Elaine_SextonElaine Sexton is the author of three books: Sleuth (New Issues Poetry & Prose, 2003), Causeway (New Issues Poetry & Prose, 2003), and Prospect/Refuge (Sheep Meadow, 2015). Her poems, art reviews, book reviews, and works in visual art have appeared in journals and anthologies, textbooks and websites including American Poetry Review, Art in America, Poetry, O! the Oprah Magazine, and Poetry Daily. An avid book maker and micro-publisher, she has curated many site-specific events with accompanying limited-edition chapbooks, among them Hair and 2 Horatio. She teaches text and image and poetry at Sarah Lawrence College, New York University and in private workshops. Formerly a senior editor at ARTnews, she serves as the visual arts editor for Tupelo Quarterly and is a member of the National Book Critics Circle.

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Photo: Rachel Eliza Griffiths

Patricia Spears Jones is an African American poet, playwright, anthologist and cultural activist who lives in Brooklyn. She is author of A Lucent Fire: New and Selected Poems and seven other collections. Her plays, commissioned by Mabou Mines, were presented in New York City. She is a recipient of awards from the NEA, NYFA, the NY Community Trust and the Foundation for Contemporary Arts and a Pushcart Prize winner. Arkansas born and raised and resident of New York City for more than four decades, Patricia Spears Jones is the 2017 recipient of The Jackson Poetry Prize from Poets & Writers, one the most prestigious awards for American Poets.

April 14, 2016 @7pm

Antoinette Brim,  Annie Christain, Sarah Sarai

A.BRIMAntoinette Brim is the author of These Women You Gave Me (Indolent Books, 2017),  Icarus in Love (Main Street Rag, 2013), and Psalm of the Sunflower (Aquarius Press/Willow Books, 2010). She is a Cave Canem Foundation fellow, a recipient of the Walker Foundation Scholarship to the Fine Arts Work Center in Provincetown, and a Pushcart Prize nominee. Her work has appeared in numerous journals and magazines as well as in the anthologies Villanelles (Everyman’s Library, 2012); Stand Our Ground: Poems for Trayvon Martin and Marissa Alexander (FreedomSeed Press, 2013), Critical Insights: Alice Walker (Salem Press, 2012); 44 on 44: Forty-Four African American Writers on the 44th President of the United States (Third World Press, 2011); Not A Muse: The Inner Lives of Women (Haven Books, 2010); Just Like A Girl: A Manifesta! (GirlChild Press, 2008); and The Whiskey of our Discontent: Gwendolyn Brooks as Conscience and Change Agent (Haymarket Books, 2017). Brim serves as the President of the Board of the Creative Arts Workshop in New Haven, Conn., and is an Assistant Professor of English at Capital Community College in Hartford, Conn.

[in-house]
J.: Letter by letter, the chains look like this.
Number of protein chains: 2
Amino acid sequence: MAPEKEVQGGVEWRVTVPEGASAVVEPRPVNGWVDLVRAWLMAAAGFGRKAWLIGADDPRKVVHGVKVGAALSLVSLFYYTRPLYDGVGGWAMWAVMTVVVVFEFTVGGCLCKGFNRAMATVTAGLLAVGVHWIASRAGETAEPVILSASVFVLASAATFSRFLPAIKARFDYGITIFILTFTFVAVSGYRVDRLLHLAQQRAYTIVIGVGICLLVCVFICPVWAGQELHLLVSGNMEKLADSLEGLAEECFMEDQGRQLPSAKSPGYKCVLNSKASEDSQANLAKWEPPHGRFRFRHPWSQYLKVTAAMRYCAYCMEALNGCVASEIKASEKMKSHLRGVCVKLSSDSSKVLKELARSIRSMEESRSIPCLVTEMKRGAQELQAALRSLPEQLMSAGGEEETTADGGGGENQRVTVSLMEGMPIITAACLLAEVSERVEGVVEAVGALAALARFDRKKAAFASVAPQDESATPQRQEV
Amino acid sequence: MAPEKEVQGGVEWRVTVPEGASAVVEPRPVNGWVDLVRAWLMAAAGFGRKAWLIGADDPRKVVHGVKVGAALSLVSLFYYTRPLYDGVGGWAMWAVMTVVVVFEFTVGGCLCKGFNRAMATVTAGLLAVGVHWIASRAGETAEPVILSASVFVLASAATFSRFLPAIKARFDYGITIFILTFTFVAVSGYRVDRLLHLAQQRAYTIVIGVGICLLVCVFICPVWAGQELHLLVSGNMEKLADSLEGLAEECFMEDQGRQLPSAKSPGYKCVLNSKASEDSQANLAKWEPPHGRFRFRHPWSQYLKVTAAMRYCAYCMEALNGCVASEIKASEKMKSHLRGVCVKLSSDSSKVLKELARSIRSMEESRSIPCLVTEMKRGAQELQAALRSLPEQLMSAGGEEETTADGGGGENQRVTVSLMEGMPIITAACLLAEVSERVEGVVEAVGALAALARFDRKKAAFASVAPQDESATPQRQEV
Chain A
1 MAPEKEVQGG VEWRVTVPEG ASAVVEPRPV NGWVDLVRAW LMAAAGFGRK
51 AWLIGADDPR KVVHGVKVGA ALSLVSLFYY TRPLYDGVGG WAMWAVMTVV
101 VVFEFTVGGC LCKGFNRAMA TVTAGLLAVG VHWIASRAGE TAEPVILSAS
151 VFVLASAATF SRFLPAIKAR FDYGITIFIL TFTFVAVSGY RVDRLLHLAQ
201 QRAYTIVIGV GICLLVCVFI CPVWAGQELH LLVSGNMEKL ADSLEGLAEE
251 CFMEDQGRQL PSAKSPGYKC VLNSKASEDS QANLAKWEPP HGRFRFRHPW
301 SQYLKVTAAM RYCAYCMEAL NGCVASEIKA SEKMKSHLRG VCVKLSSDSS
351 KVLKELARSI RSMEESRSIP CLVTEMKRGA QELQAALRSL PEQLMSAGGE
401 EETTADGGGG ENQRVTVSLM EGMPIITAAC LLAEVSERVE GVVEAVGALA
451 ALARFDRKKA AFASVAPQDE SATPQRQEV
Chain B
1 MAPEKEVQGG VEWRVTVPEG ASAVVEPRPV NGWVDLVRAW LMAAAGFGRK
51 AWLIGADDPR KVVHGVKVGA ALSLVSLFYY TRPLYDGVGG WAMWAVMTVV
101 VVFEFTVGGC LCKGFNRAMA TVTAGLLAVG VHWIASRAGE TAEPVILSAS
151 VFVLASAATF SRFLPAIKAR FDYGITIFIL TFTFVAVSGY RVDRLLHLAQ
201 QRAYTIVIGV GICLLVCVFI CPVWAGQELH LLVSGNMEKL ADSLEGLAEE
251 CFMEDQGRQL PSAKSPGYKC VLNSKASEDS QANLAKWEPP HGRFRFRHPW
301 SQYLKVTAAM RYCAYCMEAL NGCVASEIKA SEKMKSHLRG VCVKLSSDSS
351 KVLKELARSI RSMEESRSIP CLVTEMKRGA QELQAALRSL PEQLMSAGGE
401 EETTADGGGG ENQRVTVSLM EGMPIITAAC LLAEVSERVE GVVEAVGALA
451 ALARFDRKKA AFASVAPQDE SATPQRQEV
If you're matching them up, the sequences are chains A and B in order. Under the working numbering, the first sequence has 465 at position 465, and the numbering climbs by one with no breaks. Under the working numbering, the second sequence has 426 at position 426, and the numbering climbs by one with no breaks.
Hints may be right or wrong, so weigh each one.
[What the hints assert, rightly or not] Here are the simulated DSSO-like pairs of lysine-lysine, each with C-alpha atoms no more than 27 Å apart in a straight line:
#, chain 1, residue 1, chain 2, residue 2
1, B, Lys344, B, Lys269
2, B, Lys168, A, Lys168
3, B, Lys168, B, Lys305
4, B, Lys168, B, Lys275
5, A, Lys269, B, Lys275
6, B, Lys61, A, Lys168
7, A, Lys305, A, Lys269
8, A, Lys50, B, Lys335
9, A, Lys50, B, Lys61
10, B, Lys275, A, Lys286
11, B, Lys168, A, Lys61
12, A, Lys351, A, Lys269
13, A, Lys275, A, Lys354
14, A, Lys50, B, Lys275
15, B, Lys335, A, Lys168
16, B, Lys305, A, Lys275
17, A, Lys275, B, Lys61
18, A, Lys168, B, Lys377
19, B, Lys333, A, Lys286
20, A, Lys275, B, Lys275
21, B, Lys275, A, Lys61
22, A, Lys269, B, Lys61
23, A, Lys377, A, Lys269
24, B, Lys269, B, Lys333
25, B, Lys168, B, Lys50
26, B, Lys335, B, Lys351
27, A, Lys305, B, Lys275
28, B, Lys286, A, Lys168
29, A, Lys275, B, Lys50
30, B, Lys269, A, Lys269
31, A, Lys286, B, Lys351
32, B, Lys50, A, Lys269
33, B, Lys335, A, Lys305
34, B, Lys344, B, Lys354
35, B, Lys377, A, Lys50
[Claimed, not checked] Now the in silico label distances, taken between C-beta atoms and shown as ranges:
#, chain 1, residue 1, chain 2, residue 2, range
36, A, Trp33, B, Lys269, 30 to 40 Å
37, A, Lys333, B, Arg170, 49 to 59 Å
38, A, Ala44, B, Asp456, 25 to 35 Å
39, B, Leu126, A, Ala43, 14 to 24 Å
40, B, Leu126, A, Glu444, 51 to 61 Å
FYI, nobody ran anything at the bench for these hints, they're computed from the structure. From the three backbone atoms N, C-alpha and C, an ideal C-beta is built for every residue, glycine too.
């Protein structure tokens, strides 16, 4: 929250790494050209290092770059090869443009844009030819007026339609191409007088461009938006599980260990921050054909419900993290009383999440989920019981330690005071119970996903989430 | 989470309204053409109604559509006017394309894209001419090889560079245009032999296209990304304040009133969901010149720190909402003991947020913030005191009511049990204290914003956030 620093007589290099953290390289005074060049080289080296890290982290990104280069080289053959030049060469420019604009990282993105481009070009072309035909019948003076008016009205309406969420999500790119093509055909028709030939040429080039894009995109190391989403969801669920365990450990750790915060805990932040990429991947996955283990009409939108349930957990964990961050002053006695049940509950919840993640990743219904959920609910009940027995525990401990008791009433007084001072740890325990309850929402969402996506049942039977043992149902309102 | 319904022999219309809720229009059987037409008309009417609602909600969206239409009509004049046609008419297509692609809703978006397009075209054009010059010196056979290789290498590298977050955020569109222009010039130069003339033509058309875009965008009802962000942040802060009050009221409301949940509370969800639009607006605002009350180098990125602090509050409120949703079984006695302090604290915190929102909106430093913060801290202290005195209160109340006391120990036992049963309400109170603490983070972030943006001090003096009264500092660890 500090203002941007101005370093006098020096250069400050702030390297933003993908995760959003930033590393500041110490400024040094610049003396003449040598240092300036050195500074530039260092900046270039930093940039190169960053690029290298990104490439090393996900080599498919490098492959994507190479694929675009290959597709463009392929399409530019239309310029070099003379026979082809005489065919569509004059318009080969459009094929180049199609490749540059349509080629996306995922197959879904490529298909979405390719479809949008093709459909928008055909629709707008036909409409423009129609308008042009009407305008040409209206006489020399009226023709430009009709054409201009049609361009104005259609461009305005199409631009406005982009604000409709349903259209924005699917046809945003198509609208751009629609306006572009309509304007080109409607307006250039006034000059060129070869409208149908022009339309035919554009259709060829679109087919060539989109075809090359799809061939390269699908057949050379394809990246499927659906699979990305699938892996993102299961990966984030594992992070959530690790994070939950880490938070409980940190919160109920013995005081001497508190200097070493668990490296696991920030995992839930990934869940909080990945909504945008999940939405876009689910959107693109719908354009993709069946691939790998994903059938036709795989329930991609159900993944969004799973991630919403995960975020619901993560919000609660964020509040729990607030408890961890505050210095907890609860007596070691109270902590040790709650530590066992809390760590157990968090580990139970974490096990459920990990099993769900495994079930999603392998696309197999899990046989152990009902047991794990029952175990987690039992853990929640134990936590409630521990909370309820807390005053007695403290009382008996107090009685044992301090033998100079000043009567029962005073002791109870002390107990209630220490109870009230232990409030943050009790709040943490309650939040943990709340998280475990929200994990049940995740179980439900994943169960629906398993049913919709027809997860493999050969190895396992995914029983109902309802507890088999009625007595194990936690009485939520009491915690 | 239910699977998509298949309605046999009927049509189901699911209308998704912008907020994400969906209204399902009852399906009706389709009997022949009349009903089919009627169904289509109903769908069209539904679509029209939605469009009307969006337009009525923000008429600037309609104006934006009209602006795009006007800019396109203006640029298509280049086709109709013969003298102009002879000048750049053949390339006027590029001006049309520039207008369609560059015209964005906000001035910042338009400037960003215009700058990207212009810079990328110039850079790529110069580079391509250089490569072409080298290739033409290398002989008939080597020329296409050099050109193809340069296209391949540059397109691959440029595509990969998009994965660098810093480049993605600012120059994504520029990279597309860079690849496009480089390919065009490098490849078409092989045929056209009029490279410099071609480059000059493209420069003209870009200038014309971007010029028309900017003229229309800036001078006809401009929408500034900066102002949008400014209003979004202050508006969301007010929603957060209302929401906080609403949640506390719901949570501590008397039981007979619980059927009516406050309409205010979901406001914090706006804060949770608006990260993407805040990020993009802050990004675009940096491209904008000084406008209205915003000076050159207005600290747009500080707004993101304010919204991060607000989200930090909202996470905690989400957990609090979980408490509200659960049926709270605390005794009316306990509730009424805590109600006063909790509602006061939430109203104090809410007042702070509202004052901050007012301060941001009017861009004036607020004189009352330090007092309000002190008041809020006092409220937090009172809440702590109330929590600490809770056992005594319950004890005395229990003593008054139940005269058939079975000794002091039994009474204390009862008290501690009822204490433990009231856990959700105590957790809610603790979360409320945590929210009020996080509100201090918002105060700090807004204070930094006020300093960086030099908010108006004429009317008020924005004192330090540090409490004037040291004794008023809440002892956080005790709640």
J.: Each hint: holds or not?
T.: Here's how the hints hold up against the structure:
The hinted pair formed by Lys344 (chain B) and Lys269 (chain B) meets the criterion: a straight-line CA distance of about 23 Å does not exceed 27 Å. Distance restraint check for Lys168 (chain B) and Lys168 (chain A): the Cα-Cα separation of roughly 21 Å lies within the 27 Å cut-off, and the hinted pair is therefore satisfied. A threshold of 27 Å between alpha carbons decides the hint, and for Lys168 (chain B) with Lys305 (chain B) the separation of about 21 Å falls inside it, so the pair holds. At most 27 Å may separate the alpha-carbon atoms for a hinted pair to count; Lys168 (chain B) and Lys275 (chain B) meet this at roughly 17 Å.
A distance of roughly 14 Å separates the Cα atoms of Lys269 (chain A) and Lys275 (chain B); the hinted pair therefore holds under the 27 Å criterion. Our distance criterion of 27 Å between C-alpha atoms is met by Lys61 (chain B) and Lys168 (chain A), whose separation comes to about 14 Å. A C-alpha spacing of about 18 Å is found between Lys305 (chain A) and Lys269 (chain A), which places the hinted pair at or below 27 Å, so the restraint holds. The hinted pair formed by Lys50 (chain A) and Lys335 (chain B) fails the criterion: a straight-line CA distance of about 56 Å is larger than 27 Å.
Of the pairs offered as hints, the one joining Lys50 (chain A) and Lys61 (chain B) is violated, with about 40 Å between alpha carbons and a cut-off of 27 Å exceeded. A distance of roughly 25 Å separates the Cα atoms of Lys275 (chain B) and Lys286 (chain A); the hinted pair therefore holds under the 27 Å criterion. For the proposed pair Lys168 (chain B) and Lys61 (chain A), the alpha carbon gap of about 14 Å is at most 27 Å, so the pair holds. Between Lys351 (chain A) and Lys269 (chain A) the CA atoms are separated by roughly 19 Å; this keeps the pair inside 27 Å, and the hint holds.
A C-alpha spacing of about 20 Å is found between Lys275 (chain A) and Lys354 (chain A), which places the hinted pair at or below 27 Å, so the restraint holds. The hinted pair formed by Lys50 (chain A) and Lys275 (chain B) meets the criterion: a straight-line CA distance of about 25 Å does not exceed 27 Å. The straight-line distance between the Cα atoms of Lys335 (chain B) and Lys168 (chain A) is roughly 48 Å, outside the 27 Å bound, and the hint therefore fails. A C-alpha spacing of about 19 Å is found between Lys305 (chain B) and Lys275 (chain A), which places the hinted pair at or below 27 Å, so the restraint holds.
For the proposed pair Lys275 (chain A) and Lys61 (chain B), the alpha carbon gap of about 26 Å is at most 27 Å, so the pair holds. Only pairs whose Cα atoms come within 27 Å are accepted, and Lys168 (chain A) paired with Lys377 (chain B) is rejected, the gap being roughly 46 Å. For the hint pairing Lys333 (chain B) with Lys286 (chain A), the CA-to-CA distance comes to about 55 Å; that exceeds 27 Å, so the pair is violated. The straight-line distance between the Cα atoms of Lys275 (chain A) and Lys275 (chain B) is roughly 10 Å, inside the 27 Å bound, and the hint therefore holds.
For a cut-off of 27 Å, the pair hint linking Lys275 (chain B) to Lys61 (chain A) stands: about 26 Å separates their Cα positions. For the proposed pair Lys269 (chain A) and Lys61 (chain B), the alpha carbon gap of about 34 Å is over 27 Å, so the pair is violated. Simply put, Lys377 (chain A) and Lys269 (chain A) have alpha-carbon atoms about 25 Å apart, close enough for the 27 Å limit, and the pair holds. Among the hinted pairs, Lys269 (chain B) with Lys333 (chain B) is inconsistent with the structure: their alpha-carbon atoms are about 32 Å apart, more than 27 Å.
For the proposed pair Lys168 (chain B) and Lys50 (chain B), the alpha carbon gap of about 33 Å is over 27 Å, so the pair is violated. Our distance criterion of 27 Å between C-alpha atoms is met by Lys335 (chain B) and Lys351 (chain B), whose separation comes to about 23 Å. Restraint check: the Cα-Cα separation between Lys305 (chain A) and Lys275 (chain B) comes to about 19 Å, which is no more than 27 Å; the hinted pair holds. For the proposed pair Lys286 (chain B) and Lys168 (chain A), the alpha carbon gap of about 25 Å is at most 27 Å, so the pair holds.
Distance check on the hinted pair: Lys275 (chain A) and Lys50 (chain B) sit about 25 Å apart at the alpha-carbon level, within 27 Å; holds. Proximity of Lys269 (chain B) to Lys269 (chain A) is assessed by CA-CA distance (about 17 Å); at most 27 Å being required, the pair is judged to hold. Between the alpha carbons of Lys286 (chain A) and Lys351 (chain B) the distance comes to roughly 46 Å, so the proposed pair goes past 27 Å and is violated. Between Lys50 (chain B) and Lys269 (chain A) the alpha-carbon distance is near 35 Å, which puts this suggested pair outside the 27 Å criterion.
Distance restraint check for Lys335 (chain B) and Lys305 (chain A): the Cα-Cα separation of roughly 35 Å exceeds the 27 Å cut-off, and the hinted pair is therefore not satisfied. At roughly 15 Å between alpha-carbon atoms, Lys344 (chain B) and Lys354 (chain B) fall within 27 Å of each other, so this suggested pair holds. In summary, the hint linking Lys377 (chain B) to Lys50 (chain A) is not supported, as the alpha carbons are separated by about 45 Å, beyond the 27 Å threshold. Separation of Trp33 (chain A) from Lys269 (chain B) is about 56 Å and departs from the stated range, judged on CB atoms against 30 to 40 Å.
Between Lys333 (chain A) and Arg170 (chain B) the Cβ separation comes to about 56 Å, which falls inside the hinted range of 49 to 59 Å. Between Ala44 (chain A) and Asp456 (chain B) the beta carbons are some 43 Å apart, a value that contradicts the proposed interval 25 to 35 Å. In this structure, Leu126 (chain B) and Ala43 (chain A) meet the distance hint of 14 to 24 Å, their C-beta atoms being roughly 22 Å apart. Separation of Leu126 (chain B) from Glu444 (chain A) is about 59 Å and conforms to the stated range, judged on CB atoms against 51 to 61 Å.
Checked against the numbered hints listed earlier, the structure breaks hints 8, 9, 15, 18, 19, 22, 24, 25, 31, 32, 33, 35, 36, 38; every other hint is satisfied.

annie-christain2Annie Christain is the author of Tall As You Are Tall Between Them (C&R Press, 2016).  Her poems have appeared in Seneca Review, Oxford Poetry, The Chariton Review, and The Lifted Brow, among others. She received the grand prize of the 2013 Hart Crane Memorial Poetry Contest, the 2013 Greg Grummer Poetry Award, the 2015 Oakland School of the Arts Enizagam Poetry Award, and the 2015 Neil Shepard Prize in Poetry.  Additional honors include her being selected for the Shanghai Swatch Art Peace Hotel Artist Residency and the Arctic Circle Autumn Art and Science Expedition Residency. She is an associate professor of composition and ESOL at SUNY Cobleskill.

Sarah SaraiSarah Sarai is the author of Geographies of Soul and Taffeta (Indolent Books, 2016) and The Future Is Happy (BlazeVOX[books], 2009). Her poems are in many journals, including Barrow Street, Boston Review, and The Collagist. She is currently working her way through the novels of Shūsaku Endō and the oral histories of Svetlana Alexievich. When she was 23 years of age she was awarded a dozen donuts at Winchell’s. Sarah lives in Manhattan.

March 10, 2017 @7pm

Jennifer Michael Hecht, Deborah Landau, Candace Williams

JMH_2014-07-15Jennifer Michael Hecht’s most recent poetry book is Who Said (Copper Canyon, 2013). Her first book of poetry, The Next Ancient World (Tupelo Press, 2001), won the Poetry Society of America’s Norma Farber First Book award; and Publisher’s Weekly called her second, Funny, “One of the most original and entertaining books of the year.” Hecht’s poetry appears in The New Yorker, Poetry, The New York Times, and is forthcoming in The Kenyon Review. She has a PhD in History from Columbia University and is the author of Doubt: A History (HarperOne, 2003), a history of religious and philosophical doubt, all over the world throughout time; and Stay (Yale, 2013), a history of suicide and the arguments against it. She is now writing “The Wonder Paradox,” on poetry and meaning in today’s world, for Farrar, Straus, and Giroux (Spring 2018). She lives in Brooklyn.

Deborah Landau, Director, Creative Writing Program, Clinical Professor, New York University
Photo credit Sarah Shatz

Deborah Landau is the author of three collections of poetry, most recently The Uses of the Body, a Lannan Literary Selection from Copper Canyon Press which was featured on NPR’s All Things Considered, and included on “Best of 2015” lists by The New Yorker, Vogue, BuzzFeed, and O, The Oprah Magazine. Her work has appeared in The New Yorker, The Paris Review, Poetry, The Wall Street Journal, The New York Times, and The Best American Poetry. In 2016 she was awarded a Guggenheim Fellowship. She teaches in and directs the Creative Writing Program at NYU.